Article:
mark L.

Is it my imagination or has he taken the idea of actually teaching - as opposed to just story-telling - much more seriously than almost every other instructor?

Betsy B.

The arc....the a feature animator & dancer I think in terms of storyboard....this is so helpful! Incredible.

David B.

This reminds me of a socio-linguistic essay I wrote on 400 years of Acadian history, from the early settlers through to modern times and how they kept a French dialect distinct and with its own unique vocabulary. I hounded some professors and writers while I was on the road playing gigs in the Canadian Atlantic Provinces where the Acadian story began. I got so much into it that I ended up with recipe cards -- all the same colour -- stuck around the four walls of a rather large room. I moved these cards around until they formed into episodes rather accidentally. The writing process was a real adventure. I think that colour coding would have helped me immensely. Anyway, just commenting here on a flashback to that event 28 years ago. I've never made a film although I've done some formal film studies. I wonder if there is a film treatment in that old paper. . . . Really enjoying the comments here, especially Richard Crowell's "mosaic" observation. dcb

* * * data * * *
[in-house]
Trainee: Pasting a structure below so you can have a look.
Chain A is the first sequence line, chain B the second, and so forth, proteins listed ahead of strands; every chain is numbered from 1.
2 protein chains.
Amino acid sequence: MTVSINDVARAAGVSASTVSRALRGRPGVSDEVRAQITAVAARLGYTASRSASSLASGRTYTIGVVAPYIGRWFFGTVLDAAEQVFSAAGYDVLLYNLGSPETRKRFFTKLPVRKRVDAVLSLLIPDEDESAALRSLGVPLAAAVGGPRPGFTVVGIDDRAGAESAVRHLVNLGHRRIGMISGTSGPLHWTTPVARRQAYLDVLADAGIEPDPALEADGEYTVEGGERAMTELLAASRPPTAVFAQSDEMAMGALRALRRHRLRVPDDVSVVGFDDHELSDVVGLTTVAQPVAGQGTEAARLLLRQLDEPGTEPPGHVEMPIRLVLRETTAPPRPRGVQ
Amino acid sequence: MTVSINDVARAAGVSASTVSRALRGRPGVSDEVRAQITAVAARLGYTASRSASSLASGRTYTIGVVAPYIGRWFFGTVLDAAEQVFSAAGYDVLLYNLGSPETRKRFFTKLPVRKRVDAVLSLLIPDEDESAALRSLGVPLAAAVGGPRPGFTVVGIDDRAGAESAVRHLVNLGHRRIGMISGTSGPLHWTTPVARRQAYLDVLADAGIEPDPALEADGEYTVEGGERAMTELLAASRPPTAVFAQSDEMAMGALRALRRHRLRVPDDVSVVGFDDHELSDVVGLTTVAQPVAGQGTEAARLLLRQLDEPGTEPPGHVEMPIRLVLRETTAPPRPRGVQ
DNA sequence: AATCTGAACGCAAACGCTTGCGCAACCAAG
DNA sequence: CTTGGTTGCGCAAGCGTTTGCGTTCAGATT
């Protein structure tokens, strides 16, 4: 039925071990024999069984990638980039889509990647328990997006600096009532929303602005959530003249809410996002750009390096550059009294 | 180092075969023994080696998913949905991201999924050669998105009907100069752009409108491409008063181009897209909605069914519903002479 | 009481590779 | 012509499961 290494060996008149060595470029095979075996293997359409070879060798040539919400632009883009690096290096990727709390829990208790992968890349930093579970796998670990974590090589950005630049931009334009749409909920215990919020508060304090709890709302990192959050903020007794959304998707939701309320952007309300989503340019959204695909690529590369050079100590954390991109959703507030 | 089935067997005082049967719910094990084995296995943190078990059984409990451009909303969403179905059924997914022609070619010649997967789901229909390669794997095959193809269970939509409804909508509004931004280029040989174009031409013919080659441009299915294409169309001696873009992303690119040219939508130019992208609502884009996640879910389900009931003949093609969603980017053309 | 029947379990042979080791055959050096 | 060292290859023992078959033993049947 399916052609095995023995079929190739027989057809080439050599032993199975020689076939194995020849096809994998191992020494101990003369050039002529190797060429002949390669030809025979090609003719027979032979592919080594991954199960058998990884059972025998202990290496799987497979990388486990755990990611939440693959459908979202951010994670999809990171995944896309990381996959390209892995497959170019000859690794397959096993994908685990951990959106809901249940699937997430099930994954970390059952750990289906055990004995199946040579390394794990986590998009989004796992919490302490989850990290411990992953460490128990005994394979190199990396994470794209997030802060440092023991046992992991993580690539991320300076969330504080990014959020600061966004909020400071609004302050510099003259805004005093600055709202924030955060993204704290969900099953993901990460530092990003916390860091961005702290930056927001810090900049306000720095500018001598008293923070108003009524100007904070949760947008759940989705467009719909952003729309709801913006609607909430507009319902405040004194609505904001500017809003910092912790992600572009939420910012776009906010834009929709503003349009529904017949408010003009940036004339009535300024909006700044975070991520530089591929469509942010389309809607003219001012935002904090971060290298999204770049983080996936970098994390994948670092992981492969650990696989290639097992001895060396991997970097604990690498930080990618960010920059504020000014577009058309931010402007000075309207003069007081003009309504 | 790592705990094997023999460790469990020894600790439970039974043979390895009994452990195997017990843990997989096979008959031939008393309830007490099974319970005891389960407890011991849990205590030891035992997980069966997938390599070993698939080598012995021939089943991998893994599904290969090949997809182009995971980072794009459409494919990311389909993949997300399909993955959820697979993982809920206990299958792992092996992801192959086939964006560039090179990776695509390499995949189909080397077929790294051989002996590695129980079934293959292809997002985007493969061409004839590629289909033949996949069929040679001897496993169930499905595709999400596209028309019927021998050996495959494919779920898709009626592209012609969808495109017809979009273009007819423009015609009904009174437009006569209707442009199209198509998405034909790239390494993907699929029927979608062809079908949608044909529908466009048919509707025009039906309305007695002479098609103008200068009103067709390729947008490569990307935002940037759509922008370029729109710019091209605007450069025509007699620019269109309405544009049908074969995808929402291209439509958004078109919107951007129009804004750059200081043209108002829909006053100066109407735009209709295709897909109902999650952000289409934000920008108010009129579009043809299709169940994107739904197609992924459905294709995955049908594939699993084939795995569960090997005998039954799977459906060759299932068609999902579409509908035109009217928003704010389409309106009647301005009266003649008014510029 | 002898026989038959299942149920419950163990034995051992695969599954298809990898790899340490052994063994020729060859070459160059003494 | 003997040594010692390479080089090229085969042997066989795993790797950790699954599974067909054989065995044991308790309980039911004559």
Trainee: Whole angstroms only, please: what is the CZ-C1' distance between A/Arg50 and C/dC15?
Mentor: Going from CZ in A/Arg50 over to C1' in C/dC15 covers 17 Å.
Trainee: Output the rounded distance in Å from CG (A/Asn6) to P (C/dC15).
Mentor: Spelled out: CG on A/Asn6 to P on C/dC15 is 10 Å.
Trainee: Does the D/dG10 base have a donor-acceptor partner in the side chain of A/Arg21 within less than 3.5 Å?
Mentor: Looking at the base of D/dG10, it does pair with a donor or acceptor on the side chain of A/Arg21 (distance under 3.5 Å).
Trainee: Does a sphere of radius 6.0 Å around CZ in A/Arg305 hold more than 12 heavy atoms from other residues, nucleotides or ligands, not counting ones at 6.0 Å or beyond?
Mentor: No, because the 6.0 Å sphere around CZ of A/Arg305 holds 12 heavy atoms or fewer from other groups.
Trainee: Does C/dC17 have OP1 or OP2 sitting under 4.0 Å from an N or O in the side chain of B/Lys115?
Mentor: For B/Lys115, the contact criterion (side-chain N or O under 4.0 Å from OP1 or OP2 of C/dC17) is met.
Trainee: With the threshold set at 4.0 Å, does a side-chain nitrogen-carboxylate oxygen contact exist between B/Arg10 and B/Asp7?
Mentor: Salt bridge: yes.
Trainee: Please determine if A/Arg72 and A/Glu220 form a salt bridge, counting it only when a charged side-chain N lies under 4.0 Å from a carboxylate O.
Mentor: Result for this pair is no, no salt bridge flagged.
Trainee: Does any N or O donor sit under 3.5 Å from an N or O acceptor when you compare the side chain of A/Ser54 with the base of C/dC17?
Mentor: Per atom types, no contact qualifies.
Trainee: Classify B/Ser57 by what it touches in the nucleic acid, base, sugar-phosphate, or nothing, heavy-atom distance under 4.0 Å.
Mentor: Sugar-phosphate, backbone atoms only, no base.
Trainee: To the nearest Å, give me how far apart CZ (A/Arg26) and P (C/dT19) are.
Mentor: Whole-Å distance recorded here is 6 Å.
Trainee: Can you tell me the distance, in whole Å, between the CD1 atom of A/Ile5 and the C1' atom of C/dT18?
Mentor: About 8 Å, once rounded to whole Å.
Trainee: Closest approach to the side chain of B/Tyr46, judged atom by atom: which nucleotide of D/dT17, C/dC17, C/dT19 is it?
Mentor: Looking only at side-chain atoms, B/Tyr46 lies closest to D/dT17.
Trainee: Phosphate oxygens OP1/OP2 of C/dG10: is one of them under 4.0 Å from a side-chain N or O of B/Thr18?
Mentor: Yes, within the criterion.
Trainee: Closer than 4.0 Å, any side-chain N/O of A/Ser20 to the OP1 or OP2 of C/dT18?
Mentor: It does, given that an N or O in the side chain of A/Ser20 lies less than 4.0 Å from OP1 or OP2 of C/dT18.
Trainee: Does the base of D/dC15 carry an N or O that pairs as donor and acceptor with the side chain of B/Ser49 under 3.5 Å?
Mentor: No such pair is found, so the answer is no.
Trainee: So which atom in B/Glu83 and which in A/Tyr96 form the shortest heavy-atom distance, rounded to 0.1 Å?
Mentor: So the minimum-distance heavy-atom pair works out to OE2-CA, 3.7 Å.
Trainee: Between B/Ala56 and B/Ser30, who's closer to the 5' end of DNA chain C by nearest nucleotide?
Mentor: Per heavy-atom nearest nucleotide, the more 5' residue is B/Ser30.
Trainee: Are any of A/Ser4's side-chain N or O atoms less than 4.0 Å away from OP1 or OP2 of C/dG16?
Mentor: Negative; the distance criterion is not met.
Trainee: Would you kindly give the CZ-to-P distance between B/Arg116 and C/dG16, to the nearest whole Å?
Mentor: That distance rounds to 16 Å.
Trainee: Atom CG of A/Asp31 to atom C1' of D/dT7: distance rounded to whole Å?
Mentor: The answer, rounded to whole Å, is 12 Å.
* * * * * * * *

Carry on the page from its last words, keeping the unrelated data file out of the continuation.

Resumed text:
So I think the first thing is to say these are not storyboards. Because storyboards are essentially graphic representations that you lay out first that then decide what editing. This is what we call the episode board, which tells you-- running North, South, North, South, North, South-- what's in that episode once we've done it. This is essentially the table of contents of the script. And we bring this out for the people that have come into the editing room to look-- the scholars, the veterans, and most important, the warm bodies. So they can look and say, oh, I fell out here. Or I didn't understand this. We've done this for every film since "The Civil War." And they're color coded to an extent. This sort of salmon is the two times we have a title. This is-- if it's yellow, it's Americans in Vietnam or talking about Vietnam experiences. The green are in South Vietnam or Vietnam. The red is North Vietnam once it separated. And I look. And I see a wonderful balance. This inhalation, this exhalation, this respiration of different modes, different locations. And that, to me, says that this episode is doing what it should be doing. [MUSIC PLAYING] Key to creating a kind of Russian novel of a story, with all these plots and subplots and different levels of characters, is how you introduce them and how you introduce the themes. It's very interesting in Episode 1 that most of the exposition is sort of general. It's not specific. They're people you're going to learn about. And the audience got that immediately. That I was being forced ahead to meet somebody that I'm going to want to know much more about. So in fact, a good deal of Episode 1 was resisting the temptation to stop and fully set something up. What is set up is the geopolitical recipe for a disaster. And what the presidents-- mostly Truman and Eisenhower-- have done to either help or turn a blind eye to a developing quagmire that they could have easily put an end to. But I realized what we lacked was what our film was going to be about, which was the intimacy of the American experience in Vietnam. Because there were all these moments when something happened-- what we have in here, in here, in here, in here-- you begin to be invested with a set of Americans who are-- all these stories are going to be told again, or some variation of their story again. Some will be hugely significant characters in almost every episode. Some will be important characters all the way through but not necessarily every episode. And it was a really effective device to say to mainly an American audience, we've got skin in this game, even in this early setting. [MUSIC PLAYING] So Episode 2 is a pretty interesting episode. This was our problem child from the very, very beginning to the very, very end. It defied our ability to figure out how to make it work. And then all of a sudden, you know, six months, seven months before locking, it suddenly came together. And we figured it ou...